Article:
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May 27, 2022 1:43 am


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$10 Million Available Through Ohio’s Community Connectors Program

For the third year, community organizations, faith- or values-based groups and businesses are being asked to partner to encourage one-on-one mentorship in Ohios schools and help give more students access to role models who can motivate and inspire them.

Gov. John Kasich created the Community Connectors [ ] program as a key initiative to foster increased student mentorship. In the grants first round, 6,000 mentors helped guide more than 22,000 Ohio students. In total, 45 of 88 counties are, or have been, home to one or more Community Connectors grants.

A positive mentor can change a life, said Paolo DeMaria, superintendent of public instruction. Ohios students should dream big, and the Community Connectors program provides them with someone to look up to and help get them excited about their futures.

Community Connectors has funded mentoring projects such as:

* The Rural Scholars at Kent State University, which supports low income students in Columbiana County by offering them community and college-based learning experiences, academic guidance and caring relationships through one-to-one mentoring;
* The Work Readiness Initiative in Clermont County, where mentors utilize their own experiences, networks and knowledge to help students set goals to be prepared for 21st century careers; and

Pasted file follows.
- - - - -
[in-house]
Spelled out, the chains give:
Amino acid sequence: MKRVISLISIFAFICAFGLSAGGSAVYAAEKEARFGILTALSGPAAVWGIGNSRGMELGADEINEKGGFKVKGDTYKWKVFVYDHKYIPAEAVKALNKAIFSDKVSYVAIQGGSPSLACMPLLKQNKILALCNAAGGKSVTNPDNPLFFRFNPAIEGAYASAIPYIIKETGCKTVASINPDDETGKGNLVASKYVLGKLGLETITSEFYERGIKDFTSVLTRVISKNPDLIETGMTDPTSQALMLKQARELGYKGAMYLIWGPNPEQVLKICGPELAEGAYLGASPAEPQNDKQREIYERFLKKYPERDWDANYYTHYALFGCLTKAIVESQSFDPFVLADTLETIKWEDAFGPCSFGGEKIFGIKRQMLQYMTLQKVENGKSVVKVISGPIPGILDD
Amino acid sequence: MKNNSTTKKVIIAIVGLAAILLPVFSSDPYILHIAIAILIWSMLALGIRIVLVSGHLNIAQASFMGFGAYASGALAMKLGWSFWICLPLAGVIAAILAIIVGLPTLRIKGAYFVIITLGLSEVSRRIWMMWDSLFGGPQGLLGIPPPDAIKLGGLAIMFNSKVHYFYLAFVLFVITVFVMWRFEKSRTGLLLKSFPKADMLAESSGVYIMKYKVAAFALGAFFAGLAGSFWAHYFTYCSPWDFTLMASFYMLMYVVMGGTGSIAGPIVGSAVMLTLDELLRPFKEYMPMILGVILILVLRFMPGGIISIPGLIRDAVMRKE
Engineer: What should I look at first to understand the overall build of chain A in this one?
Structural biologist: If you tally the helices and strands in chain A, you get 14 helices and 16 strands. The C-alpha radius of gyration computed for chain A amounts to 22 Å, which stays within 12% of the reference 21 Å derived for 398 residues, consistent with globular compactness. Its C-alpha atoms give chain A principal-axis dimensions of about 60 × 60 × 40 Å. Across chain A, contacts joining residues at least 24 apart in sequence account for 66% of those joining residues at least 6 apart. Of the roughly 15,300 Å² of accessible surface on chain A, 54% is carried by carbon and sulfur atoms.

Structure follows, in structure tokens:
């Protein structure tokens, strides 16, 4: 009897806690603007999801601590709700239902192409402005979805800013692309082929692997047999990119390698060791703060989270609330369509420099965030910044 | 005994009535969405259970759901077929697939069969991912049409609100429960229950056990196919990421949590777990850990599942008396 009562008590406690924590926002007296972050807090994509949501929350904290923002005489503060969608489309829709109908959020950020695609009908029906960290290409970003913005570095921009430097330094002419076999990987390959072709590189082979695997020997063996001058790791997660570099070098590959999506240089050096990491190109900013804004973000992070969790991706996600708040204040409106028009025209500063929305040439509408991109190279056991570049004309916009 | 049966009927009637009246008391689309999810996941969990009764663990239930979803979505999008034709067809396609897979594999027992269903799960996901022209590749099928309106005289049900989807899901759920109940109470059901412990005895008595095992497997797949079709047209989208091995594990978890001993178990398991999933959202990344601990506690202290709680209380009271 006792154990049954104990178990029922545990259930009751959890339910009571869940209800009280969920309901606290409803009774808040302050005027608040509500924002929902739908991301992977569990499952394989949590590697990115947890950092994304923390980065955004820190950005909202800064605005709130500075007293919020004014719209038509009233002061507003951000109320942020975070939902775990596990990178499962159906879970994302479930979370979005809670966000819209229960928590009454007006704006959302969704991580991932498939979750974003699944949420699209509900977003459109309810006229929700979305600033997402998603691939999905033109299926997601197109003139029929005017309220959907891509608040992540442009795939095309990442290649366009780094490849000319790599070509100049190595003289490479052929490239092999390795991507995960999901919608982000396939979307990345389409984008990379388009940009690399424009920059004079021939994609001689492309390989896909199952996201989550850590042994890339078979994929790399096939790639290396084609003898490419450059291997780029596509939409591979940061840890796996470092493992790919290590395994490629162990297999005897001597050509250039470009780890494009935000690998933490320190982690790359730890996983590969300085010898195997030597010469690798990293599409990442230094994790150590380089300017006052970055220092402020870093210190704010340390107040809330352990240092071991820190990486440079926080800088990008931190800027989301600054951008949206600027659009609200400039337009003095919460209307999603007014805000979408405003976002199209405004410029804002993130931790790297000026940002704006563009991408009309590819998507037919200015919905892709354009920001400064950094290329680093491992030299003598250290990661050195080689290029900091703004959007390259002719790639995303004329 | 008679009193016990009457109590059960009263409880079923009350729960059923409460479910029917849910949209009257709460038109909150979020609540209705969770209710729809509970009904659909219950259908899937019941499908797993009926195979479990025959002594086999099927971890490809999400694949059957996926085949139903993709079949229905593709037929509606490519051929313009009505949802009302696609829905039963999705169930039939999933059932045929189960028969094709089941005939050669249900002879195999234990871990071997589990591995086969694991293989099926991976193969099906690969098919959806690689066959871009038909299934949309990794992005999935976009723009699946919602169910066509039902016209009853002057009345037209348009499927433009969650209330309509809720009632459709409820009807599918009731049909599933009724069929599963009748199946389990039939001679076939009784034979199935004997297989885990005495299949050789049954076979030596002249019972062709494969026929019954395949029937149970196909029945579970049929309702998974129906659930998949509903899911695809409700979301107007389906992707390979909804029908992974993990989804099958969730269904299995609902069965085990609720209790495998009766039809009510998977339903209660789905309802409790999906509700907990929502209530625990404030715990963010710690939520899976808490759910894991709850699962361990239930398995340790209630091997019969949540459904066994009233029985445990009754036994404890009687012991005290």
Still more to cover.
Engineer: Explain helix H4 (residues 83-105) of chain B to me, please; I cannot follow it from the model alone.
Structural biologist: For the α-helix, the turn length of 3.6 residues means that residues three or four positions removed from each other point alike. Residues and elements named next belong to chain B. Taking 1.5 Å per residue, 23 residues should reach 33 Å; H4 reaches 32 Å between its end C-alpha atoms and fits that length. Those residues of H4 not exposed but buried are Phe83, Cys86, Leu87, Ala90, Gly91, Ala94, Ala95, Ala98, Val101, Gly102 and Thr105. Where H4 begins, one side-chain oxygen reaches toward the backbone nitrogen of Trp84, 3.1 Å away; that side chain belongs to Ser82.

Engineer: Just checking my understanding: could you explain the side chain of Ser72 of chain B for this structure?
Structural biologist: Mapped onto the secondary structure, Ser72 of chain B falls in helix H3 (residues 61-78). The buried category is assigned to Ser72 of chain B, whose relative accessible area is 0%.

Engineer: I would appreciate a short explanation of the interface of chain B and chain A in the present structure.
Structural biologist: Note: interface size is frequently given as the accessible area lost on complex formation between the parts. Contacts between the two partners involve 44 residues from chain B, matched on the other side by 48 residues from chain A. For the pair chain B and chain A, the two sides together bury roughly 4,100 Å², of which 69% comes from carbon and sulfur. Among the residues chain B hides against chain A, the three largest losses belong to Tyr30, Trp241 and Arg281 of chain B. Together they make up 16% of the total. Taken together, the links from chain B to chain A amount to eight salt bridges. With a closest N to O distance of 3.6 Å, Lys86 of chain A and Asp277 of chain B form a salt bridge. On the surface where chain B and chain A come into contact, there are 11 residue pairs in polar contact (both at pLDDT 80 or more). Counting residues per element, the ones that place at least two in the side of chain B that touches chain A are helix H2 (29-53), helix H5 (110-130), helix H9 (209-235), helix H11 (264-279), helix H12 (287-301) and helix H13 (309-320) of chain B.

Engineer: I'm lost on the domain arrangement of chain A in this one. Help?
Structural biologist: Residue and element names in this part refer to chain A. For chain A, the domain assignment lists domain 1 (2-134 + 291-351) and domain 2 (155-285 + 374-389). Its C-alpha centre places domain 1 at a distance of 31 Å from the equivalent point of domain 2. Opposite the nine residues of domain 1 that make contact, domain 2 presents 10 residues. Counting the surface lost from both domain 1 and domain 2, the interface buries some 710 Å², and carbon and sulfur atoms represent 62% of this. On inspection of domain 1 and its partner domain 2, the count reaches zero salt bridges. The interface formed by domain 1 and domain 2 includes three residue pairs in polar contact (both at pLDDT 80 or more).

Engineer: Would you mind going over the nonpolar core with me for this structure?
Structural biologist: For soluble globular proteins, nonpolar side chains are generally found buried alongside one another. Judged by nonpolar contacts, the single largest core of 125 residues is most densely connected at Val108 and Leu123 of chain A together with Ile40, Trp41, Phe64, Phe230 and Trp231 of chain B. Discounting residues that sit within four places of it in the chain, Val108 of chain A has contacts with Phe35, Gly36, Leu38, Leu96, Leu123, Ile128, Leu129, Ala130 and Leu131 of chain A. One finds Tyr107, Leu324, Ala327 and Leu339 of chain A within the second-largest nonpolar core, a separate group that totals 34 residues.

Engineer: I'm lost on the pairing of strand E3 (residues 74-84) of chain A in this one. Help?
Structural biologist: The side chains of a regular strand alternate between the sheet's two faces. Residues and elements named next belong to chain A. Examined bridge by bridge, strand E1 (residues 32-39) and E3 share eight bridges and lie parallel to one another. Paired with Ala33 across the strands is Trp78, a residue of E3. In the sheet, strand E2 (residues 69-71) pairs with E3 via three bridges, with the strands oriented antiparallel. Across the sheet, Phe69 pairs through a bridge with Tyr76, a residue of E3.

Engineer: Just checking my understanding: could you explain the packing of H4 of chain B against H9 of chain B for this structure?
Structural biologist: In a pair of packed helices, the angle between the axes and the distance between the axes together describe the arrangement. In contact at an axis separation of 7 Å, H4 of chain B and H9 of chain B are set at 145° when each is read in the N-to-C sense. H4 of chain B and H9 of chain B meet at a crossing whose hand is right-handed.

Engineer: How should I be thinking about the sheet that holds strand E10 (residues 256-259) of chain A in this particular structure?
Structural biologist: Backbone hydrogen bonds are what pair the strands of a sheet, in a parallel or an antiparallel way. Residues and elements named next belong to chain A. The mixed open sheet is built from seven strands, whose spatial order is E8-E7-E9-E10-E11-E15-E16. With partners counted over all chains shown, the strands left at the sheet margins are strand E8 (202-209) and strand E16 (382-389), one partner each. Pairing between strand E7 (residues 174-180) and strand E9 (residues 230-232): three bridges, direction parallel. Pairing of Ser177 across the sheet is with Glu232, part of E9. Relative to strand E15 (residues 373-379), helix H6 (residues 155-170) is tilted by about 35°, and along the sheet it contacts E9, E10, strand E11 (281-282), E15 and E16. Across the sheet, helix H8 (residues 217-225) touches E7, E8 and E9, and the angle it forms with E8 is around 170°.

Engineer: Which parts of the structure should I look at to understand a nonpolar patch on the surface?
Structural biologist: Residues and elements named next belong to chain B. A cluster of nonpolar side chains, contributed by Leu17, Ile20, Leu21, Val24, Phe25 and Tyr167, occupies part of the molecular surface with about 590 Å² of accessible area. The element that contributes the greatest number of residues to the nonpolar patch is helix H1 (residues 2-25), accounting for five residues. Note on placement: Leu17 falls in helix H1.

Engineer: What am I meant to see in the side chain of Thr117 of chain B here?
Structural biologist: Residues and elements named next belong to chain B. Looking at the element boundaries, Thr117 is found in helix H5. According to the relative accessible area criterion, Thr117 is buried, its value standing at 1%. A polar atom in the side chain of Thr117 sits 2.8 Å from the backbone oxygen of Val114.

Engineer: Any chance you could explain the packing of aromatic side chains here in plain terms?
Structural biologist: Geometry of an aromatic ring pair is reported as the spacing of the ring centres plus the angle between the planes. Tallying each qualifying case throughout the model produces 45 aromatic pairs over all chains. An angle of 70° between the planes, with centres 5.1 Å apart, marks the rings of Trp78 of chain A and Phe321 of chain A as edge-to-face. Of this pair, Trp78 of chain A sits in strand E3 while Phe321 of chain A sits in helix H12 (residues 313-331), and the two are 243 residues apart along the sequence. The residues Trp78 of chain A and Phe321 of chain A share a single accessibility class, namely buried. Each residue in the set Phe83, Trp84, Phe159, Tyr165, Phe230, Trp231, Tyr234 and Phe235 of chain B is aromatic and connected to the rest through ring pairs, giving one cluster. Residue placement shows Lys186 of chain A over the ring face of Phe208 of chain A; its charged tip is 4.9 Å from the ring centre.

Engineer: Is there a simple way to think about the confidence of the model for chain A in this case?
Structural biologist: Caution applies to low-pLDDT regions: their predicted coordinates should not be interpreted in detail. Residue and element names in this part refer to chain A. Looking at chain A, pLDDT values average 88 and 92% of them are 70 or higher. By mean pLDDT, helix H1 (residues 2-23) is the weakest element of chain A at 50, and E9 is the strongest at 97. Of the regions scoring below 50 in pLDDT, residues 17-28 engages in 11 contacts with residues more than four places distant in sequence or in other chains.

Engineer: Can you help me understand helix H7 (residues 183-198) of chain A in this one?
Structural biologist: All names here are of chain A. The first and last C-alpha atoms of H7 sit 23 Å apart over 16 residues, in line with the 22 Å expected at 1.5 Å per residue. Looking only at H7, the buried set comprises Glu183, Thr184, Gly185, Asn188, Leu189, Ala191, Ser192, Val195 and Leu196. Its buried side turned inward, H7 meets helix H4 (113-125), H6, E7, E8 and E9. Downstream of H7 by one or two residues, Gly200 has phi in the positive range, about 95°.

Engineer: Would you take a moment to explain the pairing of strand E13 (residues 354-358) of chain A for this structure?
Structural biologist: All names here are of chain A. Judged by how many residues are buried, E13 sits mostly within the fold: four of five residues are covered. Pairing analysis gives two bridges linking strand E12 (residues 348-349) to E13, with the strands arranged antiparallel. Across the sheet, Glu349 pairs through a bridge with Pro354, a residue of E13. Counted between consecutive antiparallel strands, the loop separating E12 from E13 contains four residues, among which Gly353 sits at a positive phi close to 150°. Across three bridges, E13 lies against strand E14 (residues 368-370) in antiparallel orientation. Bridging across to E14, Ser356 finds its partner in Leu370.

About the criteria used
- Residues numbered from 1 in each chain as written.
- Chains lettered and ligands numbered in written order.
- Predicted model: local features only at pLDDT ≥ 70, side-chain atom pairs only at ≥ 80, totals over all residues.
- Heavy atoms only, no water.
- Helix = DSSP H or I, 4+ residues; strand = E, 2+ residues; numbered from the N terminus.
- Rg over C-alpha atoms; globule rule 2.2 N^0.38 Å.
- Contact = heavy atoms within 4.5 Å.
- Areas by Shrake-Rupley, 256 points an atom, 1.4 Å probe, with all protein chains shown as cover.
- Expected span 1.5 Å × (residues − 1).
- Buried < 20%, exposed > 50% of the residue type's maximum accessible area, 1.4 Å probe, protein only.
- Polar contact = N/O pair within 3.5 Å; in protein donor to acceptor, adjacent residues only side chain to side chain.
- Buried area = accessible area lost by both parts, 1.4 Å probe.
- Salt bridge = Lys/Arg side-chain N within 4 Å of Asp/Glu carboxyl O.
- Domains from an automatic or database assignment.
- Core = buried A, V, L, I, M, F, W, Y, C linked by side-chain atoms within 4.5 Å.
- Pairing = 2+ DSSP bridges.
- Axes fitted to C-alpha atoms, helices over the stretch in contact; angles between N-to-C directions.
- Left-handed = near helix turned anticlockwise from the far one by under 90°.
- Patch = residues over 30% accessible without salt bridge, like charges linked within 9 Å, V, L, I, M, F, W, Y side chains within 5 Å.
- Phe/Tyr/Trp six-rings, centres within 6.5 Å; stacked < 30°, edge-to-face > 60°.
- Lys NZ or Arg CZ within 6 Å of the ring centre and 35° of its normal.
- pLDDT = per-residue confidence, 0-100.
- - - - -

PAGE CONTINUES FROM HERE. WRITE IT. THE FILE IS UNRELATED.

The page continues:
* ALL THAT, Teens Hopeful About Tomorrow, a program in Franklin County that teaches decision-making and critical-thinking skills, financial literacy and other work-related skill sets to students who exhibit chronic absenteeism.

The Ohio Department of Education will accept applications for the program through March 31.

Nonprofit entities, faith- or values-based organizations, houses of worship, community nonprofits and nonprofit entities associated with for-profit businesses are eligible. If the lead applicant is a community nonprofit or nonprofit associated with a for-profit business, a faith- or values-based organization must be included as a partner. Additionally, a community business partner must be included on every application.

Programs can partner with eligible school districts, joint vocational school districts, STEM schools and community schools in which at least 40 percent of the student population is economically disadvantaged or has a graduation rate below 92 percent.

Grantee initiatives should focus on the following principles:

* Setting goals to be prepared for 21st century careers;
* Building character;
* Developing pathways to achievement;
* Building resiliency; and
* Believing in a positive future.

Those organizations and schools that partner in mentoring efforts can receive a maximum award of $100,000, with the state matching $3 for every $1 spent.

More information about the program is available at [ ].

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